On August 27th they speak more on the geology and fauna of the moon, and describe in detail the charming lunar biped beaver. From the article:

… resembles the beaver of the earth in every other respect than in its destitution of a tail, and its invariable habit of walking upon only two feet. It carries its young in its arms like a human being, and moves with an easy gliding motion. Its huts are constructed better and higher than those of many tribes of human savages, and from the appearance of smoke in nearly all of them, there is no doubt of its being acquainted with the use of fire.3

August 28th is the pièce de ré·sis·tance of this set of astronomical discoveries, in which they describe human-like creatures who “averaged four feet in height, were covered, except on the face, with short and glossy copper-colored hair, and had wings composed of a thin membrane, without hair, lying snugly upon their backs, from the top of their shoulders to the calves of their legs.”4 They name this species Vespertilio-Homo.

Moon HoaxDay five describes a mysterious temple, “built of polished sapphire, or of some resplendent blue stone”.5 The article ends with these cliff-hanging bits of speculation, sure to draw in readers for the finale:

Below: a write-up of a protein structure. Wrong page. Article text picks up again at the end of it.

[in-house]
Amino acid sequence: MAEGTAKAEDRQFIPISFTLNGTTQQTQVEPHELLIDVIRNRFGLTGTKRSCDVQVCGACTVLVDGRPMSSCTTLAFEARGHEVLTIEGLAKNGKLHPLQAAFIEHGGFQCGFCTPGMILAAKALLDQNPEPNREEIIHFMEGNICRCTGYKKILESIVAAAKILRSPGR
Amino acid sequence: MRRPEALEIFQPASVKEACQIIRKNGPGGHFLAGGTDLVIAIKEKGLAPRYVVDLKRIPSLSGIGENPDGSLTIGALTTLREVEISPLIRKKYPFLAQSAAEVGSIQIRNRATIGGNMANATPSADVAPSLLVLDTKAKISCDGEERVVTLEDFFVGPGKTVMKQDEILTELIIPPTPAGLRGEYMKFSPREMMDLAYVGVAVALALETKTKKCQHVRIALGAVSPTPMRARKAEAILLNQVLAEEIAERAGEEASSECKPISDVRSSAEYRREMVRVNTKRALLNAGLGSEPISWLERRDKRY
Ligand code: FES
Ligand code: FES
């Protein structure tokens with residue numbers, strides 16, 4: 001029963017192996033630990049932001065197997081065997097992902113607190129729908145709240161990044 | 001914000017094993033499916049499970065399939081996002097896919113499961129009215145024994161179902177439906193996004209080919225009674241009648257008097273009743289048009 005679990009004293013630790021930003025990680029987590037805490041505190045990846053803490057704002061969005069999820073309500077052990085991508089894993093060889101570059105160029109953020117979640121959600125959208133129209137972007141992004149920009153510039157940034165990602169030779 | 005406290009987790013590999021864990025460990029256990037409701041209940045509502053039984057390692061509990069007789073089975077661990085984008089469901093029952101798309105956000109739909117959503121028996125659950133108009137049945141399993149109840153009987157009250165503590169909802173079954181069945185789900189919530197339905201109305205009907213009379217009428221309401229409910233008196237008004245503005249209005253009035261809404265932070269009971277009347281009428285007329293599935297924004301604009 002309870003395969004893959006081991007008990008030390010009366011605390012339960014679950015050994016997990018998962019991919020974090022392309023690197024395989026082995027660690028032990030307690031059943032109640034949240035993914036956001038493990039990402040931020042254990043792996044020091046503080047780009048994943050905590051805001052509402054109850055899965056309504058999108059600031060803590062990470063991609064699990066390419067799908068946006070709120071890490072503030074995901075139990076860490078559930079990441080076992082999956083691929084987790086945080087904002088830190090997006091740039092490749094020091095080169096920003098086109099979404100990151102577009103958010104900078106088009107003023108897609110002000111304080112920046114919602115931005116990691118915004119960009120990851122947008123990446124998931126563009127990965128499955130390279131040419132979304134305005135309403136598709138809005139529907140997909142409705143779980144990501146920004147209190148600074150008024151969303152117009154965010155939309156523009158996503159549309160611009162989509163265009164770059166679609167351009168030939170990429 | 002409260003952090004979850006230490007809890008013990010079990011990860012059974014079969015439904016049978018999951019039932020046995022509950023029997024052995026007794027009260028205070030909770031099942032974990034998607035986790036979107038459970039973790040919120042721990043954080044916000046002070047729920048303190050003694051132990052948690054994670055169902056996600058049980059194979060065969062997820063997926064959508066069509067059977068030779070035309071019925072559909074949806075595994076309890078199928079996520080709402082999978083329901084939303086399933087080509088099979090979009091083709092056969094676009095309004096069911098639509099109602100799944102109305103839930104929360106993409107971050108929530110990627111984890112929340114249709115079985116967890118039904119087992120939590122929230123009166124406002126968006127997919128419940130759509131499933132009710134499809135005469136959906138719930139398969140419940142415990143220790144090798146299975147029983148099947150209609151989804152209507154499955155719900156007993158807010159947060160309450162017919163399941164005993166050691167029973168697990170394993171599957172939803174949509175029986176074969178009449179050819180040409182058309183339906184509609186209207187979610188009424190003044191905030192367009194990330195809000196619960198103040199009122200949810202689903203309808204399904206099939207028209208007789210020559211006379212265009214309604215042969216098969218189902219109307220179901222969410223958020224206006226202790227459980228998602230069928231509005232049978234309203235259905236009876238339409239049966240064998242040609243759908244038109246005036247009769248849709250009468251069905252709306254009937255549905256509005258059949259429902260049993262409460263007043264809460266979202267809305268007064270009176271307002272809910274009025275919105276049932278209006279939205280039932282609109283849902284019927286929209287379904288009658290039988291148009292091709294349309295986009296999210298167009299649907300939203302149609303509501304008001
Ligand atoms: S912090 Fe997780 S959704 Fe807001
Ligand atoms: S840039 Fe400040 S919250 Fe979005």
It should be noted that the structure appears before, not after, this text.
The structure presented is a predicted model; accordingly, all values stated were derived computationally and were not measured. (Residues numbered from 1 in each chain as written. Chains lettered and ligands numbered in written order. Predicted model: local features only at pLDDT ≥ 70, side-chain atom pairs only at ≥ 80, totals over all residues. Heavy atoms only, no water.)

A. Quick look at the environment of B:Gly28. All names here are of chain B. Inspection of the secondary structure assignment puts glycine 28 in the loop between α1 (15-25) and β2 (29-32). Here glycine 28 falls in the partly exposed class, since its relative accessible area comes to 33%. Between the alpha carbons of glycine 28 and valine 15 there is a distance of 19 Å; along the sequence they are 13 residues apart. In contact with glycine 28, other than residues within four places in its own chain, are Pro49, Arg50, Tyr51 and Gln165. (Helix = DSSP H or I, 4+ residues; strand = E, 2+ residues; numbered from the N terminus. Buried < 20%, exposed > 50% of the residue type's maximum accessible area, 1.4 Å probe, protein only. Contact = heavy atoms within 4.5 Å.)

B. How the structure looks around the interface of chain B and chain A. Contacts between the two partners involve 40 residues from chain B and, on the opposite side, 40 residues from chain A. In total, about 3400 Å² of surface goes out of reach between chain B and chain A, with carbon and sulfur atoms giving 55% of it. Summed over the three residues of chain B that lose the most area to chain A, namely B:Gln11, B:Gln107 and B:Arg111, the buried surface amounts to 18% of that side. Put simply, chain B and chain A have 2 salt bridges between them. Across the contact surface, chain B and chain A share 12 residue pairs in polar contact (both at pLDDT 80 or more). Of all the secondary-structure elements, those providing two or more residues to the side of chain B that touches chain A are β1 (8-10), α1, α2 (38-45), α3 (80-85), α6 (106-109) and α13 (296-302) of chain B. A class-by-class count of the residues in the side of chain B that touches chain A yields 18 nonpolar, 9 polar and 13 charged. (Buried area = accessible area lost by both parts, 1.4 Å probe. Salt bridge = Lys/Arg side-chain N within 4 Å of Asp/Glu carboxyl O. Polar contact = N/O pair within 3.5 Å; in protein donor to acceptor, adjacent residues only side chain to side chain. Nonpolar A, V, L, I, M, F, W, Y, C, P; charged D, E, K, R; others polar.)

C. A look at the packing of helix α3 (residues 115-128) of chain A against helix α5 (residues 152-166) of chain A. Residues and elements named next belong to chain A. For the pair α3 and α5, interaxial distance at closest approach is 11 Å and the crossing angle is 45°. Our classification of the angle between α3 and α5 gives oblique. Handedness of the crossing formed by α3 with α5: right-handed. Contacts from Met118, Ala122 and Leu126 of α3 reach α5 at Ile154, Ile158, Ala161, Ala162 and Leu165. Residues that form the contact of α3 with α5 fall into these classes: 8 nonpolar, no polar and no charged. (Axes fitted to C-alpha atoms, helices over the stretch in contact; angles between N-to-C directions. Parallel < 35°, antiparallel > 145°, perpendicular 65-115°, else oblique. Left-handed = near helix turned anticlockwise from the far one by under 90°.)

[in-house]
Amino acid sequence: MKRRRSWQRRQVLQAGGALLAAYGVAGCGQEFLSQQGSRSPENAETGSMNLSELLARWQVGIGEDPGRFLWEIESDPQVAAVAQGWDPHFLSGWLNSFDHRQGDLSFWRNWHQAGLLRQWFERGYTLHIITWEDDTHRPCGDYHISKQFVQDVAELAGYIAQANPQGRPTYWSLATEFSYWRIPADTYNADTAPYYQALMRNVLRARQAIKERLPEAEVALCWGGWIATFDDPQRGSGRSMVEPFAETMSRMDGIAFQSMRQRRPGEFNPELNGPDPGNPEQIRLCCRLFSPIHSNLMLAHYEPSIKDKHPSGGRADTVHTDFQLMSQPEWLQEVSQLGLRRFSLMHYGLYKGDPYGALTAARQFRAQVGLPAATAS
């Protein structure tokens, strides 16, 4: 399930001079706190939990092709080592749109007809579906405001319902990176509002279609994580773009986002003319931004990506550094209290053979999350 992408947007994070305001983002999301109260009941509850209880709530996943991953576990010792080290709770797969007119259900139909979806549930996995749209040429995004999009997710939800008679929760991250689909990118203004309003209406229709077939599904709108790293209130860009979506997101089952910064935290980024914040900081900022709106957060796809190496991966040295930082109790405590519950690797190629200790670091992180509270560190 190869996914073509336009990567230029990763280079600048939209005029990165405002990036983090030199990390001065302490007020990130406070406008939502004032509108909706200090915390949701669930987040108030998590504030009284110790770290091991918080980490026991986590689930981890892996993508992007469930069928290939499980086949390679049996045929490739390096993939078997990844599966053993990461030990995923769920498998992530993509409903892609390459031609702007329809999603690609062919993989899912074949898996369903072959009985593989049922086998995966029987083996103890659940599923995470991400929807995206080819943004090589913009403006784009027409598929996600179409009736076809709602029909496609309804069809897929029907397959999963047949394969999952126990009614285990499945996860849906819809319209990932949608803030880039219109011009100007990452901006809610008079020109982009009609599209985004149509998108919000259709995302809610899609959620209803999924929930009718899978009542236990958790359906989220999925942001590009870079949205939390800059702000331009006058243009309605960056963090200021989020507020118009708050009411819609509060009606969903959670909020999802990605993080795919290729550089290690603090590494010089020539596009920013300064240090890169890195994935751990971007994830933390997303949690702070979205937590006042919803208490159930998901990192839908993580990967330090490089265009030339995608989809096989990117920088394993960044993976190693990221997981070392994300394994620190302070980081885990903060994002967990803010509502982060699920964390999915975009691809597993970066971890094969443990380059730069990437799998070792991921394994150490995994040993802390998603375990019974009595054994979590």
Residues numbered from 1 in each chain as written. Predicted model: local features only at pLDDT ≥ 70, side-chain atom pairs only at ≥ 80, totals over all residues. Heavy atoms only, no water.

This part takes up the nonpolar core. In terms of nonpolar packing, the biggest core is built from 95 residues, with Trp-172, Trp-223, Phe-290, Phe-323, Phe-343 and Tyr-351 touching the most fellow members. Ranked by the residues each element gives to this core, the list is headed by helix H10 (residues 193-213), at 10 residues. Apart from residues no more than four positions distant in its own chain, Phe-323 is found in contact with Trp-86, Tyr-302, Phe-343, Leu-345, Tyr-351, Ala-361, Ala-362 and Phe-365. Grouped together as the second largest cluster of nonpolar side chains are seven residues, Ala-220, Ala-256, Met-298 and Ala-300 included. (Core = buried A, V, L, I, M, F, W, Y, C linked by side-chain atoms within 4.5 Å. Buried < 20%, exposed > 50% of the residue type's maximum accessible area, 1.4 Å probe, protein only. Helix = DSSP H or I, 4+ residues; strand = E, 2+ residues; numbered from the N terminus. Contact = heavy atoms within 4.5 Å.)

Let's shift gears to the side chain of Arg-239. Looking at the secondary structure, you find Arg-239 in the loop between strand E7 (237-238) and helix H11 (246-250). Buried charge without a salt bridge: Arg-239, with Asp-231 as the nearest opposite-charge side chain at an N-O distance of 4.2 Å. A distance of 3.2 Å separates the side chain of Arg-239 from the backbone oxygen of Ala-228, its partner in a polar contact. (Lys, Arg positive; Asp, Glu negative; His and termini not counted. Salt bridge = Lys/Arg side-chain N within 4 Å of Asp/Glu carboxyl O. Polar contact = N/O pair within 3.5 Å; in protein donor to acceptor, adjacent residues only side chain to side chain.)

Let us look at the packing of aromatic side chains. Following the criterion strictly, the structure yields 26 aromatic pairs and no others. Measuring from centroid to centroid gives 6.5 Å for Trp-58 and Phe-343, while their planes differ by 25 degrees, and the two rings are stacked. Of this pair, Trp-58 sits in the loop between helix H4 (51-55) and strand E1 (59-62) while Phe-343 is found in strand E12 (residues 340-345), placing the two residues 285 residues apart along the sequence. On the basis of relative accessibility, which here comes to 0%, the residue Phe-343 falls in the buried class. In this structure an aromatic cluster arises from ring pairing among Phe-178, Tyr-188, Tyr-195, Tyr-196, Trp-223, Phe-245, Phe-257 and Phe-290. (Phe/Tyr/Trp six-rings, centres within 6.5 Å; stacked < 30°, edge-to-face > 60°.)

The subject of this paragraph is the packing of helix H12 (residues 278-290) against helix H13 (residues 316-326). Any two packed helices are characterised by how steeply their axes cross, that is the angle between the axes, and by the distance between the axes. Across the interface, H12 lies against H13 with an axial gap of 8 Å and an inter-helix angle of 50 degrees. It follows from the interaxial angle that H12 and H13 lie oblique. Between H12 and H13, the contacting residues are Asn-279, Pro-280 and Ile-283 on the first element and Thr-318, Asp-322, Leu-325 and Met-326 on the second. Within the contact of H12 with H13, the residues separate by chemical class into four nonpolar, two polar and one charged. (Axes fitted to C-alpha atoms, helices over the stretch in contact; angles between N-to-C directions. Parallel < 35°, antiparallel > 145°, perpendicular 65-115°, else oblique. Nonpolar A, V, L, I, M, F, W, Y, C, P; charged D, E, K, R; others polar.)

Had the devotees of these temples gone the way of all living, or were the latter merely historical monuments? What did the ingenious builders mean by the globe surrounded by flames? Did they by this record any past calamity of their world, or predict any future one of ours?6

The last article describes a higher order of Vespertilio-Homo, which “were of larger stature than the former specimens, less dark in color, and in every respect an improved variety of the race.” They are described as “eminently happy and polite” and the journalist describes “their happy hours in collecting various fruits in the woods, in eating, flying, bathing, and loitering about on the summits of precipices”.7